“It has become impossible to understand your revolving policy on when the Select Committee will release information and when it will not,” the panel’s Democratic members, led by Rep. Elijah Cummings (D-Md.), wrote Gowdy. “This type of incoherent policy inevitably leads to criticisms that the investigation is motivated by a partisan political attack against former Secretary Clinton rather than a neutral effort to obtain the facts.”
Democrats said Blumenthal was called to testify not because he had any insights to share on the attacks and their aftermath, but because he’s a political ally of Clinton — a characterization Republicans reject.
The letter lays bare the partisan tension surrounding Gowdy’s probe of the September 2012 attacks by militants on a diplomatic compound and CIA annex in Benghazi, Libya — which left four dead, including U.S. Ambassador Christopher Stephens — and its heavy focus on Clinton.
Blumenthal on Friday provided the committee with roughly 60 previously unknown e-mails between himself and Clinton. The public release of those e-mails, which remain private, is the latest partisan flashpoint illustrating the depth of disagreement between the two sides over Gowdy’s approach since the special committee was created in May 2014.
Tuesday marked its first deposition, a significant moment for the former federal prosecutor.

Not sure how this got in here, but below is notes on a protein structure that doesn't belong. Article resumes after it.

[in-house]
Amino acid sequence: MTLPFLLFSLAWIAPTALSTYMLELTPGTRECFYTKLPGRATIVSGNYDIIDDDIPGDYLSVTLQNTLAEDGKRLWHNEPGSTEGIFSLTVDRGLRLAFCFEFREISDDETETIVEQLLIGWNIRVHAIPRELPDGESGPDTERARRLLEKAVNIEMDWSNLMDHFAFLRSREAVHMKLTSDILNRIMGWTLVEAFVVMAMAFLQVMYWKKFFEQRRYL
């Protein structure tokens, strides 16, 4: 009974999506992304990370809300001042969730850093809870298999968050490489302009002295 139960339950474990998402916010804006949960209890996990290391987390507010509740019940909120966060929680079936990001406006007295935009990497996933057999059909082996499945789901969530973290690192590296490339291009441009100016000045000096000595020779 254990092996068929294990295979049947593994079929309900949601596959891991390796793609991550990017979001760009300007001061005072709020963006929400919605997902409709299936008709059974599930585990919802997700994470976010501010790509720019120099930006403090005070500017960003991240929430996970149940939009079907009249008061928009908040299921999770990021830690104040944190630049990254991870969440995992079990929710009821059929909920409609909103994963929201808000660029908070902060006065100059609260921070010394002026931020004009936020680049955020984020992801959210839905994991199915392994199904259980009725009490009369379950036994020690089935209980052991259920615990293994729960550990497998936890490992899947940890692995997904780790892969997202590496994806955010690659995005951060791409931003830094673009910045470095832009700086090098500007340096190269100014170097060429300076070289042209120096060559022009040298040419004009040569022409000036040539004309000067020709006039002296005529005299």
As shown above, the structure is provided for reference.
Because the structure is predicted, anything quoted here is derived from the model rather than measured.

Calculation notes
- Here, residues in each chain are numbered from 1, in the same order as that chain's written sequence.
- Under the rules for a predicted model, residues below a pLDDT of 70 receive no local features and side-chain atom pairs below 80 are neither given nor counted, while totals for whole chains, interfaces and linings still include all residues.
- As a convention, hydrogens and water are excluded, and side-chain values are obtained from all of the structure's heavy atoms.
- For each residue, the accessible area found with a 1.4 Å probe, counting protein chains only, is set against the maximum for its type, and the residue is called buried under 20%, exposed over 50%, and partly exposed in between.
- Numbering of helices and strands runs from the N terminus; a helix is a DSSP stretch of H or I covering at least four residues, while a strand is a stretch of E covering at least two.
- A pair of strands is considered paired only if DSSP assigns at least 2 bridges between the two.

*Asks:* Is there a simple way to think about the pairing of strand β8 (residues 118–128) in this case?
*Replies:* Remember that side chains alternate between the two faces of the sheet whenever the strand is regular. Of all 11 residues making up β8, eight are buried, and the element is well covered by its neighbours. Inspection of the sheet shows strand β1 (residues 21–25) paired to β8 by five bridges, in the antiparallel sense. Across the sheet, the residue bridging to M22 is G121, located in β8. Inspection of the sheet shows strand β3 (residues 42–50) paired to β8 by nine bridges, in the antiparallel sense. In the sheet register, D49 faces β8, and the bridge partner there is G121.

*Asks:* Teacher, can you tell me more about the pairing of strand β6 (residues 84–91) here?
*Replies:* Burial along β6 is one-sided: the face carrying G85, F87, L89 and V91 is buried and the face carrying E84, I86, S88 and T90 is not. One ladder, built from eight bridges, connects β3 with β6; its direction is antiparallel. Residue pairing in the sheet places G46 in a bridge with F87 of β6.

Gowdy argued this week that Democrats must assent if he is to release the new e-mail cache within five days. Democrats say this rule is nonsense and that they were never consulted about the matter.
Cummings accused Gowdy on Tuesday of seeking to create a negative media narrative about Clinton by repeatedly leaking snippets of information from the Benghazi probe to the press.
“What we’re looking for is the truth,” Cummings told reporters on Tuesday outside the deposition room where Blumenthal was being questioned. “If you’re dealing with the truth, you don’t have to leak. You don’t have to leak. You just put it all out there.”
This criticism now centers on the deposition transcript, which Democrats argue must be published along with the new e-mails.
Gowdy suggested Tuesday that he will not release the transcript.
“We haven’t done it with any other witness, so I need Mr. Cummings to explain to me why we should treat this witness differently,” he said.
In a sign that they agree on almost nothing related to the probe, Cummings wrote that Gowdy was the “one treating Mr. Blumenthal differently” be releasing his emails.
The deposition revealed that Blumenthal passed memos to Clinton about the state of affairs in Libya written by a third party, whom Gowdy told Fox News on Tuesday was former high-ranking CIA official Tyler Drumheller.
Blumenthal, describing himself as a “longtime friend” of Clinton’s, suggested the material was part of a casual correspondence and that the former secretary of state was at liberty to ignore his correspondence.
“I testified about sending some reports by a respected, high-ranking former CIA official that I thought might be informative to Secretary Clinton for her to use, or not, as she saw fit,” he said.
Speaking after the deposition, Gowdy painted Clinton as a leader who was more interested in insights from her network of connections than in using material vetted by intelligence agencies.
He argued it was irresponsible of Blumenthal to pass intelligence to Clinton without fully vetting its author’s sources.
“We have an intelligence apparatus,” Gowdy said. “My interest is: why send it to the secretary of state? Why not send it to the CIA?”